EmilyXia | Sep 11, 2015 |
I enjoyed the book, Chopsticks, by Amy Krouse Rosenthal. The big idea in this book was the separation of the two chopsticks when one of the chopstick broke and was resting its wound. The wounded chopstick told the other chopstick, “You need to get out…venture off on your own a bit.” The chopstick took the advice and experienced being a muffin tester, pick-up stick, and a shish-ka-bob stick. The duo got back together at the end and they were happy to “stand on their own…and together,” as they became drum sticks and played Chopsticks, on the piano. The language was silly and there were many puns. Some of the plays on words were, “No one stirred, not even spoon,” “Chopstick was whisked away,” and when the two chopsticks were holding a piece of sushi, “They were practically attached, at the hip.” ( )
  JenniferEckley | Oct 14, 2014 |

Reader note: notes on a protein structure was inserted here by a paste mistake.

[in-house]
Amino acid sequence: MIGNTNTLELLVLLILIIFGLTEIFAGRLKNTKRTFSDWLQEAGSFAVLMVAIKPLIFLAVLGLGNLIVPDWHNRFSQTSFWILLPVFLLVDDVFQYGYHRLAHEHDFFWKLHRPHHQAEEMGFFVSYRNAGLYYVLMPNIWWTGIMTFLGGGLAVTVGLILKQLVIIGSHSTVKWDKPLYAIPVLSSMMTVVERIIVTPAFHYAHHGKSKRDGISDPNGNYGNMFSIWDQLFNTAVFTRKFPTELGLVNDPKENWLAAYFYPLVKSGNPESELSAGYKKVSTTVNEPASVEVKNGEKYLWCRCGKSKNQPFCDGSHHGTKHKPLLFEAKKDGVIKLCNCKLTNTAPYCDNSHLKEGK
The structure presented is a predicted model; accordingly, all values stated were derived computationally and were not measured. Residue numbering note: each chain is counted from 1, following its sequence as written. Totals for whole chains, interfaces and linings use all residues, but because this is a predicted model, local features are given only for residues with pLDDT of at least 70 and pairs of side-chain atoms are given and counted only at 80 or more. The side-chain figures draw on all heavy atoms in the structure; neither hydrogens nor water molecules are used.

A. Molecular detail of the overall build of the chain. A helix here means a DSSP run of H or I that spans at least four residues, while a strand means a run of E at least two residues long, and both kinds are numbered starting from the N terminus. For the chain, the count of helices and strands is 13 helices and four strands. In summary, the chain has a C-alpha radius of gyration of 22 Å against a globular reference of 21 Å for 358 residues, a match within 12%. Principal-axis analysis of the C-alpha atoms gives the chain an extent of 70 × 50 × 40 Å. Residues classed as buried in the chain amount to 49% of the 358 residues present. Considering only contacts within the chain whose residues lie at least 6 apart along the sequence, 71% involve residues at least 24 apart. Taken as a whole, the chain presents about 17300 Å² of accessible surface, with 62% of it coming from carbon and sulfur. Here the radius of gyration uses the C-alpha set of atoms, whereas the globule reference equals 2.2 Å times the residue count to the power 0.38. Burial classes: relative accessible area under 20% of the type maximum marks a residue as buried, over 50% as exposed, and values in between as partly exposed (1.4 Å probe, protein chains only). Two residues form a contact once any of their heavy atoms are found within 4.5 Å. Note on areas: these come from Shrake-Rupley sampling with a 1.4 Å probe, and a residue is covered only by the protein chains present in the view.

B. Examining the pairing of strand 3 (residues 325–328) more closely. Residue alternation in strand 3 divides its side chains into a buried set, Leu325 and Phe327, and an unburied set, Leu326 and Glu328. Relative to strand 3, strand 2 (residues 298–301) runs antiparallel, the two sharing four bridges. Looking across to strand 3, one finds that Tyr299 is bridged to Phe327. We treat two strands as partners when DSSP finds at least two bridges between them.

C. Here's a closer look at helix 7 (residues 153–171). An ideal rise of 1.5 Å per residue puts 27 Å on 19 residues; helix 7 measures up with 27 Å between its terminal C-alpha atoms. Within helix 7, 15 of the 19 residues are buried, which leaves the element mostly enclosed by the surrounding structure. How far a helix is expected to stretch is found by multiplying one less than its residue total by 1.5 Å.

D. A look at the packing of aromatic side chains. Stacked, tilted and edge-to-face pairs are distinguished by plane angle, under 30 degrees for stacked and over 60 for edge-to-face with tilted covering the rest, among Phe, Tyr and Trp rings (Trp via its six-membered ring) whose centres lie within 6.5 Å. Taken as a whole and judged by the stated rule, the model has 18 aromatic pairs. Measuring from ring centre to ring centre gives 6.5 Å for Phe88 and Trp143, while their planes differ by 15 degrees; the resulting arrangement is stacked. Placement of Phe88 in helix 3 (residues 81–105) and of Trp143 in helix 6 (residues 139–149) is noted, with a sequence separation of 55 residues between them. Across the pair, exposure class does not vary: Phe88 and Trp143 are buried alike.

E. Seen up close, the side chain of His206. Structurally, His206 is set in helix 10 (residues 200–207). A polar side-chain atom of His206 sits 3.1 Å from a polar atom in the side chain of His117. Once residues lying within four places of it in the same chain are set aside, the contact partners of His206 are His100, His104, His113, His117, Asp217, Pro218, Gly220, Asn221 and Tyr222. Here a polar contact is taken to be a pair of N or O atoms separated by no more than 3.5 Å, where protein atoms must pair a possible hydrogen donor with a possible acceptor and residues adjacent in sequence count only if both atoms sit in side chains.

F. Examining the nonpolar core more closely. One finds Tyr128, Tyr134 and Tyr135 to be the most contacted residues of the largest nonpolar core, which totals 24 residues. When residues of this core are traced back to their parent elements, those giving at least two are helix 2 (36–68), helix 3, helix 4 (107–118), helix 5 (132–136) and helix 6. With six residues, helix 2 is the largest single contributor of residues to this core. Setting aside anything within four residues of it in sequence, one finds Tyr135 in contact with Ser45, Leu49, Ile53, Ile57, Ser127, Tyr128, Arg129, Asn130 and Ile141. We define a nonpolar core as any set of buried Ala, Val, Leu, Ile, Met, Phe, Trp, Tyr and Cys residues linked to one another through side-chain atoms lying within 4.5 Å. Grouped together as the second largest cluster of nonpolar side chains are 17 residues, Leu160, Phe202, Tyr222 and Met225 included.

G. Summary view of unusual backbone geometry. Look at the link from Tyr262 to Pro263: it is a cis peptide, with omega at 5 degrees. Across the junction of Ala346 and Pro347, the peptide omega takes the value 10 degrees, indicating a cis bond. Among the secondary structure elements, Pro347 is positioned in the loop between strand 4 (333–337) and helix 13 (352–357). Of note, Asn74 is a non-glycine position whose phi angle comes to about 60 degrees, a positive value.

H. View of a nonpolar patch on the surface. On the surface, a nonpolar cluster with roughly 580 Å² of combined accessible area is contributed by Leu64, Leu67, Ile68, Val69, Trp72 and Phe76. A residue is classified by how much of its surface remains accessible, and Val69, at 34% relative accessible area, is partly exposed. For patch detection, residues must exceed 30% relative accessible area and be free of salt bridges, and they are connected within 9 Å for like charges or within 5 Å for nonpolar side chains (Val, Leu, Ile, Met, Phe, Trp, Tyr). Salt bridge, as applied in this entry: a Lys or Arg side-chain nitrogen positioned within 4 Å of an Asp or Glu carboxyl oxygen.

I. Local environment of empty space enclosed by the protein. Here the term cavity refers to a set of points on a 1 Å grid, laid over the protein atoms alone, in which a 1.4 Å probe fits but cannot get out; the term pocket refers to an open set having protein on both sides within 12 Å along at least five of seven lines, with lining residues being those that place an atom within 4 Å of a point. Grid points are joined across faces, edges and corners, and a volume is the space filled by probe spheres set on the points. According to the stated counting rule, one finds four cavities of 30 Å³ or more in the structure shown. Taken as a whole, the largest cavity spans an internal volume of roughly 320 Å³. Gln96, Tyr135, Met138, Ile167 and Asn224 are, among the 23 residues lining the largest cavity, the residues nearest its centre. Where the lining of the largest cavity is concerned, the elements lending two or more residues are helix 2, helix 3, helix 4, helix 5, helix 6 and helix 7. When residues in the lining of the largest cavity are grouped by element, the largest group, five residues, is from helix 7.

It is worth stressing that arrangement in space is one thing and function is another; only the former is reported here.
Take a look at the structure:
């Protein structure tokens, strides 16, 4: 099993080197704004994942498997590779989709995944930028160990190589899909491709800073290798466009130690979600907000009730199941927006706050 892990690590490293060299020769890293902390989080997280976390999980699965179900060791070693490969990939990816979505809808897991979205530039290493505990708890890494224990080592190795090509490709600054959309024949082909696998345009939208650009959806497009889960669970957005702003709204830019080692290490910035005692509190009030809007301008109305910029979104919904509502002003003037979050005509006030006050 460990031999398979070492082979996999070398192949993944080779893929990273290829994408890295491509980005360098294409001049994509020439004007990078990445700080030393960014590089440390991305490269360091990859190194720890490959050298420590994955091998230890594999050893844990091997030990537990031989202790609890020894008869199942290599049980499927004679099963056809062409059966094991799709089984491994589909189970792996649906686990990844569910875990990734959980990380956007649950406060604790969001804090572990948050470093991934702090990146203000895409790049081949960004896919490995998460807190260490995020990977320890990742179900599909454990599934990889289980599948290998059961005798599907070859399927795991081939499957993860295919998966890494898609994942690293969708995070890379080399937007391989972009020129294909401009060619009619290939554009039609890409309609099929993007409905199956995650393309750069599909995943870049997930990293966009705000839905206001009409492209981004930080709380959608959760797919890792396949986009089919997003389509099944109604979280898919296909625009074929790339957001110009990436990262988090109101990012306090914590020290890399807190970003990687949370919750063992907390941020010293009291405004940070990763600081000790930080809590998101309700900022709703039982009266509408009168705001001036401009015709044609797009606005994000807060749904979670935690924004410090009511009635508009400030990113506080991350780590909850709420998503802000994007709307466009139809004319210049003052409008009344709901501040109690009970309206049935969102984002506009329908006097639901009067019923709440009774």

Summary: There are two chopsticks who are best friends and do everything together. One day, one chopstick gets hurt and has to stay in bed for a while. The healthy chopstick is such a good friend and decides to stay with his hurt friend until he is better. His friend tells him to go have fun, he will stay in bed and be okay by himself. So, reluctantly, he leaves and tries new activities. When the other chopstick gets better, they found all kinds of new activities they could do together. The story was cute and was easy to connect with. Most kids have good friends they spend a lot of time with, and the book had a good lesson. The big idea of the picture book was that it teaches kids they can spend time alone (or with other friends) and still have fun and be friends with their best friend.
age: primary - The story is too long to read to nursey ages, but it is too simple and could be boring for intermediate readers. With help, or being read to, primary readers would enjoy this book.